Still, quiz bowlers do not generally volunteer their expertise on game-show applications. "Conventional wisdom is that it's best not to mention it," Hillemann said, a sentiment echoed by several others.
Jennings said he kept mum about his NAQT affiliation until preparing to tape his 20th game, when a fellow NAQT competitor was in the contestant pool. The two disclosed their association, and the would-be challenger was sent home, he said. Still, in the course of his "Jeopardy!" winning streak, Jennings has come across former quiz bowlers he didn't know.
"I'd be playing and a player would be very good, and after the game I'd ask," he said.
If producers are clueless or nonchalant about the six lucrative degrees of separation in the quiz bowl community, not all would-be contestants are. A college kid from California, preparing to compete on "Millionaire," tracked down Hillemann to enlist him as his lifeline, too. At his behest, Hillemann lined up three other hard-core former quiz bowlers who, along with the boy's father, completed the circle of lifelines.
When it came to the moment of truth, though, young contestant chose Dad to provide the answer.
"Bad move," Hillemann laments. Something about nasturtiums.
"The rest of us all knew it," Hillemann added.
Although the quiz bowlers don't formally coach one another for TV game shows, they exchange practice questions from their computer databases (Hillemann has some 360,000, from "Beowulf" to Blink-182) and freely dispense advice about what to expect. (The buzzer on "Jeopardy!" is the undoing of many an overzealous quiz bowler, it turns out, since quiz bowl rewards the swiftest response with bonus points while "Jeopardy!" locks out any contestant buzzing in before the host is finished reading the question).
At a small convention for TV game show aficionados in Burbank, Calif., this summer, former quiz bowlers offered panels on how to be a great contestant, how to be a lousy contestant, and how to manage your game show winnings.
Jason Block, a $37,701 champion on "Jeopardy!" and $125,000 winner on "Millionaire," told wannabes to practice for "Jeopardy!" by standing up while playing along with the show on TV, to simulate being at the podium, and to click a pen to enhance buzzer reflexes.
"If you drink alcohol, stop. There's nothing worse than being hung over when you need your reflexes on 'Jeopardy!' " Block said. On the set, he advised, be prepared for tight security.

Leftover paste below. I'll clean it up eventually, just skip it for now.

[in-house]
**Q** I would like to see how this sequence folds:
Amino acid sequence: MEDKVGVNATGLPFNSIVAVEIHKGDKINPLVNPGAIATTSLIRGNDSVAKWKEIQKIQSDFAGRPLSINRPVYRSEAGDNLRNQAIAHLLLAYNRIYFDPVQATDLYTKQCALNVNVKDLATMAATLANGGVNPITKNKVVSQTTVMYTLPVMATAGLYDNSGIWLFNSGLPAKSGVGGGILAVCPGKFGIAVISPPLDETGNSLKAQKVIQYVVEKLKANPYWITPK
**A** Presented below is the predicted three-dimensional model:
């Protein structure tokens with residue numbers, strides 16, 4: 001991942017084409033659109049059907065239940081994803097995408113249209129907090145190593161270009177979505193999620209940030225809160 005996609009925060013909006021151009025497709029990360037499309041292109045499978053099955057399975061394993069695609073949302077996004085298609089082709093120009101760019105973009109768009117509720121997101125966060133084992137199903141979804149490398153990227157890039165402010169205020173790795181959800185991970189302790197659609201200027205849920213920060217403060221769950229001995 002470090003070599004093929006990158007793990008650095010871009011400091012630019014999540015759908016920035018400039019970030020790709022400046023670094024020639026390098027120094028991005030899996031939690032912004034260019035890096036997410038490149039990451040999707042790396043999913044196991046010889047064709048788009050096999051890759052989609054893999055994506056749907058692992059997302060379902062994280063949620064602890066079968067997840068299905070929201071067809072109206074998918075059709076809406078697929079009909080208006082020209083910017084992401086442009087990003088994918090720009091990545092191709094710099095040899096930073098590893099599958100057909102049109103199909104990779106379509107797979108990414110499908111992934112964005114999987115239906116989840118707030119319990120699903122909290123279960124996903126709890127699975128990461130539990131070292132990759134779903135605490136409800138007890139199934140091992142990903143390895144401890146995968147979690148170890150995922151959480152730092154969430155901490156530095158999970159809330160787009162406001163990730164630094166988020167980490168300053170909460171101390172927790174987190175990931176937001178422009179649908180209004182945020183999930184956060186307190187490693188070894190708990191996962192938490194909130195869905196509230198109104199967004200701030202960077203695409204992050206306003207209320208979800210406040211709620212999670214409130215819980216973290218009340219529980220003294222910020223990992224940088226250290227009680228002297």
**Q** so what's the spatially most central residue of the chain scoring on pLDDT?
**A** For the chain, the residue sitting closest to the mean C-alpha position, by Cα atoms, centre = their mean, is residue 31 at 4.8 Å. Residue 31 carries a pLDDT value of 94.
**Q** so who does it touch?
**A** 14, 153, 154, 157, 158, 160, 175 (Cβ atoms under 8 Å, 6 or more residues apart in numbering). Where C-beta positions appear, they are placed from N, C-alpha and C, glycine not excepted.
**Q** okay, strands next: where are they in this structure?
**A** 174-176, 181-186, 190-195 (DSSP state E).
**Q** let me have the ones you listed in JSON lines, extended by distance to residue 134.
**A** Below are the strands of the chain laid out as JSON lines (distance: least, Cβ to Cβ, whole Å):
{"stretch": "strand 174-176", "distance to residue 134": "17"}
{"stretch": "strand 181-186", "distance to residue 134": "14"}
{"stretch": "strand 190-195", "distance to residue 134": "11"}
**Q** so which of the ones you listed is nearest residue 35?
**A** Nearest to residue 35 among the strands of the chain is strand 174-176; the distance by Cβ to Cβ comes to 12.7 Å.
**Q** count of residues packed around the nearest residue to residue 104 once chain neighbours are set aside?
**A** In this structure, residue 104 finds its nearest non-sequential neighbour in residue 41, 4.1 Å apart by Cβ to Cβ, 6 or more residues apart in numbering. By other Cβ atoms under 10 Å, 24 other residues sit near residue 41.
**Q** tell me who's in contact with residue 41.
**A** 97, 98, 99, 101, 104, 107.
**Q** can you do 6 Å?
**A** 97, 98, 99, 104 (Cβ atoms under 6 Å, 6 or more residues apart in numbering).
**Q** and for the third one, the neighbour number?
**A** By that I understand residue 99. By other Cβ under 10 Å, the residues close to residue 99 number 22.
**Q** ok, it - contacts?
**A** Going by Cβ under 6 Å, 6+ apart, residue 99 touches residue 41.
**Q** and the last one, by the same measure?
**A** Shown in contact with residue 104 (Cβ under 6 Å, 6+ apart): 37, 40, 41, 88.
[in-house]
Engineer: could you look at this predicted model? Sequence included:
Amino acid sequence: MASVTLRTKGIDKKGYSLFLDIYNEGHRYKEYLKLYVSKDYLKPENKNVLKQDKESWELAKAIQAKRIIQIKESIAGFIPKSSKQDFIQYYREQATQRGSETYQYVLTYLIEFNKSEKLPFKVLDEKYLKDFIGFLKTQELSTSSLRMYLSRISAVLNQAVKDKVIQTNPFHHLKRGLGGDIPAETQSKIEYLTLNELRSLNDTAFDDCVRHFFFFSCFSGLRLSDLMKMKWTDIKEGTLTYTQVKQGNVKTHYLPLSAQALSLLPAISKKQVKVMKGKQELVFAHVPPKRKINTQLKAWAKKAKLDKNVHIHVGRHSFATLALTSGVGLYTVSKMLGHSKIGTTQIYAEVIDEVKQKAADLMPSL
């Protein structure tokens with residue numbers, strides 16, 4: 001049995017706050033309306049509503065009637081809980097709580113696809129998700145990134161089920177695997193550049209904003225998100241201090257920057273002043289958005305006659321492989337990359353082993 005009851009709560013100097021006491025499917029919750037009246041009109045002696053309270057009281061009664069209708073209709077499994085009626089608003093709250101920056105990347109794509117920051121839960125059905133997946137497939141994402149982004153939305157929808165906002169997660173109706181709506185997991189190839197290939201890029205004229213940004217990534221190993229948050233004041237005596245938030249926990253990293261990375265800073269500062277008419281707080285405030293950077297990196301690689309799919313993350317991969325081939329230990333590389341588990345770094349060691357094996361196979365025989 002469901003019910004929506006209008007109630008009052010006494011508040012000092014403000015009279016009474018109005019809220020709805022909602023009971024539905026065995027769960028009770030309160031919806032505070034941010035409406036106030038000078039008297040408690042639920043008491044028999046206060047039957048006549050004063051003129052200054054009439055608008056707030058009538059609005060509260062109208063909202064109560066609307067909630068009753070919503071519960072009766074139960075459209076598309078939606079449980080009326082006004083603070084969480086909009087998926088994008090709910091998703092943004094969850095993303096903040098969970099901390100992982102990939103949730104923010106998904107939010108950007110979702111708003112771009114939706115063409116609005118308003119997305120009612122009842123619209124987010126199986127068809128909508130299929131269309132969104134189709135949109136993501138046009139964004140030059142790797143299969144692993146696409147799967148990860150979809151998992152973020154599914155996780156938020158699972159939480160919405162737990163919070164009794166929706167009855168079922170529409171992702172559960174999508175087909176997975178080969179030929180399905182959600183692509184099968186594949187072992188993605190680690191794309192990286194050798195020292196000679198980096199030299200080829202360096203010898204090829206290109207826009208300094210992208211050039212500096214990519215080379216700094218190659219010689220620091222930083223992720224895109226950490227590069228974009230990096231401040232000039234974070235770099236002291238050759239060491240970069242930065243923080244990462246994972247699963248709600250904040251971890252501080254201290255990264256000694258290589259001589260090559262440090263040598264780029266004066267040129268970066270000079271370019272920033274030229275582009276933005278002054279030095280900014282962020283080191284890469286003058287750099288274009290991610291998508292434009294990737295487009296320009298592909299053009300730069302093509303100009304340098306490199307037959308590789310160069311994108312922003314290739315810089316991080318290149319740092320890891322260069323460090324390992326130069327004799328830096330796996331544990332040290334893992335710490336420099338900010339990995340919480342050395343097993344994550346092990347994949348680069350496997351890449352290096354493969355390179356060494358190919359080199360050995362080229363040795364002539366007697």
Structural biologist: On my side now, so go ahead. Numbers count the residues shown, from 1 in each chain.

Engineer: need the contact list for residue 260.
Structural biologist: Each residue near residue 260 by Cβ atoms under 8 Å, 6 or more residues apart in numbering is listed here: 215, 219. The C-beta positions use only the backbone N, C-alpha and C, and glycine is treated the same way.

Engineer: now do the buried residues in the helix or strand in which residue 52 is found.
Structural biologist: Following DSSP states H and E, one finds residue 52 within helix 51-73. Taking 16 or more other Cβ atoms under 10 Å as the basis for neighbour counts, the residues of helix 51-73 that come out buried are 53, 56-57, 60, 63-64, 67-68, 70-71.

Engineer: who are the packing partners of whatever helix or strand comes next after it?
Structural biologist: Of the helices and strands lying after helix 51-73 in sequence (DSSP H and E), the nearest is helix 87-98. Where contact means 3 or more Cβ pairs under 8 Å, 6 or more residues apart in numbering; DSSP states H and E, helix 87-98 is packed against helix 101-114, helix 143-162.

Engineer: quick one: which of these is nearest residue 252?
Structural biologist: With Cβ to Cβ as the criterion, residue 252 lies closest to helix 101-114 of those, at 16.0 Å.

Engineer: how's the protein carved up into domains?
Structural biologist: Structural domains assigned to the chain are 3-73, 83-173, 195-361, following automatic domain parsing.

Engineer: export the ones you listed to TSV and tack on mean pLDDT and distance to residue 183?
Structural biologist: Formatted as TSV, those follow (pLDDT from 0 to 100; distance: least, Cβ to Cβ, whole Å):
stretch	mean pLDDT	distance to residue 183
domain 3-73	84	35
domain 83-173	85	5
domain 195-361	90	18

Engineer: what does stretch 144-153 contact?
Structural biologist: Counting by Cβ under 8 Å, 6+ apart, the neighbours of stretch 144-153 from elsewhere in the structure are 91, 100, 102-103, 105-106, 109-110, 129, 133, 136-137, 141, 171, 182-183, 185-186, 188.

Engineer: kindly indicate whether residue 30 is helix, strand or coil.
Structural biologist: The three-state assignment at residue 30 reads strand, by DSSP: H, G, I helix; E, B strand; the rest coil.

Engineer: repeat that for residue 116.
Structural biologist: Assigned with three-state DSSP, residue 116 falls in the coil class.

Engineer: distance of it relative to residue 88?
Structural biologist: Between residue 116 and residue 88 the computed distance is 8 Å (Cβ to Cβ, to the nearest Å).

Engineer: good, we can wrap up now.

"They followed me to the bathroom," he recounted. "What were they expecting? Inspector Gadget to come out of stall number 3 to give me the answers?"
To the quiz bowlers, though, playing is as much an art as a science, and Robert Hentzel sees "some division" in the community between those who cherish the game as a purely intellectual endeavor and those who welcome its intersection with the popular mainstream. Jealousy also seeps in.
"Certainly there is a segment of the community dismayed by game shows and the questions they ask and that Ken Jennings or Kevin Olmstead, whom they don't perceive as the best quiz bowlers or the most knowledgeable, are rewarded so much," Hentzel said. "It's like authors of serious fiction looking at J.K. Rowling and saying, this isn't fair, these aren't great books, yet she's richer than the Queen of England."
But Hentzel hopes that the success of his friends, particularly Jennings, will nudge quiz bowl into the spotlight, too. Maybe turn it into a game show in its own right. Or get corporate sponsorship, like the National Spelling Bee.
"We have trouble explaining ourselves," Hentzel allowed. "None of us is really good at putting together presentations. If it's between writing questions or cold-calling Microsoft for sponsorship, well . . . People who tend to be salesmen, managers and really people-people don't tend to become quiz bowlers."
Tom Waters, a Savannah, Ga., golf shop owner widely considered the grand master of the game, changed his view of TV game shows, which he held in disdain despite his own $12,500 win on "Jeopardy!" nearly 20 years ago.
"There was a split in the community. Some of us thought 'Millionaire' was beneath ourselves. Some would swallow pride and prostrate ourselves."
At first, Waters took what he considered the higher ground.
"Then they came back with $10 million and I thought, 'I'm less a purist than I thought,' " said Waters.
He passed the tryouts but his fingers were too slow in the first round to get into the so-called hot seat and compete for the big money.
"The biggest hurdle is blind luck," he said. "The hardest part is getting drawn. I'm amazed at the number from the quiz bowl community that got on. One night's episode, there were two people I knew on it."
When veteran quiz bowlers and NAQT members gathered this summer in Minnesota for the wedding of Hentzel and fellow player Emily Pike, it was a given that people would show up with portable buzzers, timers and packets of questions as well as wedding gifts, like the black nightie Emily received with a pink question mark on it.
At the picnic after the ceremony, Hillemann began to discreetly spread the word: Pickup game, 11:30 that night, back at the motel.
Chad Kubicek, NAQT's chief financial officer, offered his room.
"It's Number 1077," Kubicek volunteered. "My wife will kill me, but . . . "
Hillemann furrowed his brow.
"What happened in 1077 so I can remember?"
Kubicek instantly had an answer.
"William the Conqueror was enjoying his 11th anniversary."
Hillemann nodded happily.